Hardware: regroups networks and devices. Computers, mobile phones as well as sensors are considered as geo-localizable devices having some characteristics which may be compliant with other devices or with some networks. Networks can be wired or unwired, are localizable through their catchment areas, and have characteristics like IDs, carriers, protocols, bandwidth, etc.

Software: is classified into 1) operating systems installed on a hardware to manage it, 2) system-oriented software (e.g. WinLogon, web services, etc.) dedicated to be used by another software, 3) and user-oriented software end-users can interact with (e.g. Word processing).

Data: is about available data repositories and sources including data files, databases, and data warehouses. They can be described by data models, metadata, and their content quality (relevance, accuracy, integrity, etc.) to let applications accessing them know about their data structure, and level of confidence.

HCI: Human Computer Interactions refers here to the available ways (interfaces) a user can choose to interact with a hardware or software, according to his needs, physical capabilities or occupation. For example, a mobile professional who is driving will foster sound interactions rather than only displaying texts. The ontology also allows defining which Computer interface and Human interface should be combined to perform an interaction. For instance, it can be defined that a speech input interaction is achieved by using a microphone (computer interface) and voice (human interface). The context-aware GeoBI application will then be in charge of detecting the user’s needs, physical capabilities, and occupation to propose the right interaction mode to use.

IT Security: is about the information security regarding hardware, software and data in a given area. It involves information about IT security level (e.g. Privacy), information access control (e.g. encryption) and potential security threats (e.g. hackers). Since security is a sensible matter, not any information regarding security should be communicated to any user requesting it. Furthermore, security information targeted here is just about getting the user informed of security risks or issues when accessing a network, a website, a data repository, etc. For example, is the available WIFI access point a fake WIFI hotspot [30] or a secure one? What is the security rating of the website the user is willing to access? etc.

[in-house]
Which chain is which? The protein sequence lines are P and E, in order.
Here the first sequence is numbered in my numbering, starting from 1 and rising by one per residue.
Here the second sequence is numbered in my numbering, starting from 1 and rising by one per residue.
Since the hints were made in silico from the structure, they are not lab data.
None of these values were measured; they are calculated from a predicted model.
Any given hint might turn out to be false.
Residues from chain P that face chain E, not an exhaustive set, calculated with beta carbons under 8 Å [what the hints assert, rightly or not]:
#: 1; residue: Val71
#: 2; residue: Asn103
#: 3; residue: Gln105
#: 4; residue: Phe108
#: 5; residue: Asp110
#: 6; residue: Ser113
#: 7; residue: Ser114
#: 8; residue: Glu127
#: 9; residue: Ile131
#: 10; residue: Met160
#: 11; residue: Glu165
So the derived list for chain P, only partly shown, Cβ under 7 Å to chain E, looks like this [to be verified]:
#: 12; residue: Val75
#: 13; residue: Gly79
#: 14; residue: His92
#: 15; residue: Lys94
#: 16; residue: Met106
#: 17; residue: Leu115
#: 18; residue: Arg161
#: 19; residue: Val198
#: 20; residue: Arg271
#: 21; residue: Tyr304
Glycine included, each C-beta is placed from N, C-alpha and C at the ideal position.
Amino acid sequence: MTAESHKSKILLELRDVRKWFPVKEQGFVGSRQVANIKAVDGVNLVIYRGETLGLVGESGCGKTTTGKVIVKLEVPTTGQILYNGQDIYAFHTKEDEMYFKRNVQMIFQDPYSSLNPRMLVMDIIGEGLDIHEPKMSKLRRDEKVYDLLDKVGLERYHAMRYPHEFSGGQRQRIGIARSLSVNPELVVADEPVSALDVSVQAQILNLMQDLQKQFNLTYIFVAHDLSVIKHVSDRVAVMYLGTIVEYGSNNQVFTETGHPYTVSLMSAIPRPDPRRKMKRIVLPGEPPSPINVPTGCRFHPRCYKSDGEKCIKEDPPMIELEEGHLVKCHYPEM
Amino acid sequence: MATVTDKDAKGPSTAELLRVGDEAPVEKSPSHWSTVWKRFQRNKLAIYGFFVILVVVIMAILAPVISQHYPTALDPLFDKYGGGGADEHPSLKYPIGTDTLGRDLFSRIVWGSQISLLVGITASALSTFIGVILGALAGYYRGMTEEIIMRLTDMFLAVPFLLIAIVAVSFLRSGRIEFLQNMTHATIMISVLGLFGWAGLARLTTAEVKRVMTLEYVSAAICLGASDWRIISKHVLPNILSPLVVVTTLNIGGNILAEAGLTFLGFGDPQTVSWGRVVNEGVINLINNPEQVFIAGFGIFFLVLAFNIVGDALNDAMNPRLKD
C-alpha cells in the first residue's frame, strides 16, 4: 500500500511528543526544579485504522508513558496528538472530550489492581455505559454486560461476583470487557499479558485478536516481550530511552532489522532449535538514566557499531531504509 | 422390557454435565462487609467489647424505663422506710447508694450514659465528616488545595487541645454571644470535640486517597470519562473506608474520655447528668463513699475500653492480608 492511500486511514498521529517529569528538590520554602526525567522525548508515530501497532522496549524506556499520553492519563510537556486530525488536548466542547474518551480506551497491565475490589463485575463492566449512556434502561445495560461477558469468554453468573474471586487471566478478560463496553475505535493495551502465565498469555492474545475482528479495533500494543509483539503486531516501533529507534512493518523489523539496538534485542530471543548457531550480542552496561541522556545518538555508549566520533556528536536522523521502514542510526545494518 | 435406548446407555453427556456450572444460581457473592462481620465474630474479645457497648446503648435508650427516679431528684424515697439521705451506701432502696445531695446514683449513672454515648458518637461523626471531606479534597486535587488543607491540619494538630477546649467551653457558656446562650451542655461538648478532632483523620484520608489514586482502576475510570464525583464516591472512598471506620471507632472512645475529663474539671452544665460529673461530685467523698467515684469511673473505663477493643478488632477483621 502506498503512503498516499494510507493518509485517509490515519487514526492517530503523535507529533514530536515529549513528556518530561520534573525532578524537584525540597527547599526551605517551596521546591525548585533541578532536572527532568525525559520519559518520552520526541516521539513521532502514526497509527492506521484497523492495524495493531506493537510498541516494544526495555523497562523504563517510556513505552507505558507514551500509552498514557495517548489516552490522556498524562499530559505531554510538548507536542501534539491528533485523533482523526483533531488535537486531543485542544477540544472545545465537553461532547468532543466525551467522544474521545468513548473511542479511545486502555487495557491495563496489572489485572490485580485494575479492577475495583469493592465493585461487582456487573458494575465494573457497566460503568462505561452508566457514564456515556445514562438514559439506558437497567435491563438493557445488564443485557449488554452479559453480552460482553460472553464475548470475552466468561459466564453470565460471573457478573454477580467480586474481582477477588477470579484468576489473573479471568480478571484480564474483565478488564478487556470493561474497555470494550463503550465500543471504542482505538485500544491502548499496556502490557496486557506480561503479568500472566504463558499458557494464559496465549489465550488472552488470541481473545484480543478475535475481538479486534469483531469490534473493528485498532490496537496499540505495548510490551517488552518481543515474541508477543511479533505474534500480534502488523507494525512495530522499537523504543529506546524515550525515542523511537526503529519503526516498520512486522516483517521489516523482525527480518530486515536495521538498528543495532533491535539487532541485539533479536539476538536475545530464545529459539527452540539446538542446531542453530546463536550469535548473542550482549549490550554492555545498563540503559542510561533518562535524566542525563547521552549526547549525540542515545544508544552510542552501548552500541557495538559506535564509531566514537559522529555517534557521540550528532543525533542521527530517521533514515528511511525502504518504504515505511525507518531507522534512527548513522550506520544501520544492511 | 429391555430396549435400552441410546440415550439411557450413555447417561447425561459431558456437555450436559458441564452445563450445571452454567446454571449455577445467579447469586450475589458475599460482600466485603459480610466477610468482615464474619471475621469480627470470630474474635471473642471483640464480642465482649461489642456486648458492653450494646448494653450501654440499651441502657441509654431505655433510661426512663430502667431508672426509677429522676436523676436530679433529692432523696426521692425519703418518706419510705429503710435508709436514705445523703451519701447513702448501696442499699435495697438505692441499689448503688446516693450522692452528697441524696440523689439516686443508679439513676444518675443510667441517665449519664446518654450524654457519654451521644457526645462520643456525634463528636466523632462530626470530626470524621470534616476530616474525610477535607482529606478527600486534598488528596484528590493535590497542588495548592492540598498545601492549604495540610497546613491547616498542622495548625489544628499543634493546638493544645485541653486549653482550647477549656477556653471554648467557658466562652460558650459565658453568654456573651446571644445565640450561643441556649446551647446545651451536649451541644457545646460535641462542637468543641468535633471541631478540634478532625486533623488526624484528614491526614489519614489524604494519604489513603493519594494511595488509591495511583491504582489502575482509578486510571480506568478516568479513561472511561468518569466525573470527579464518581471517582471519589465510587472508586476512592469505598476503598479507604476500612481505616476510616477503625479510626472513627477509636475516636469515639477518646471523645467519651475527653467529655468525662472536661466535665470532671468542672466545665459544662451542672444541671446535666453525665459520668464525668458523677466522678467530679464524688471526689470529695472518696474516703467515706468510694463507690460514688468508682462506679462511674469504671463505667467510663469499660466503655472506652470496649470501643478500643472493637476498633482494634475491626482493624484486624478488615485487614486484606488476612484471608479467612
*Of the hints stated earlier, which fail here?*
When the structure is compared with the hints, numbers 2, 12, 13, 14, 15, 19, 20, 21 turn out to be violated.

4.2.3. Spatial Context Ontology

Capturing and reasoning on the spatial context surrounding mobile professionals is crucial to provide a location-

Figure 10. Detailed technological context ontology.

based and context-based mobile GeoBI decision support.

Based on [31] - [33] , we define Spatial context as the locations and spatial relations describing relevant physical features including living beings (people, animals), physical geography features (e.g. lands, vegetation), human-made features (e.g. territories), and Points of Interest (POIs). The user’s spatial navigation context (e.g. current location, orientation, etc.) and the location security are also relevant key concepts in characterizing the user spatial context. Figure 11 provides a spatial context ontology detailing the semantics of these key concepts. Their relevance is highlighted below.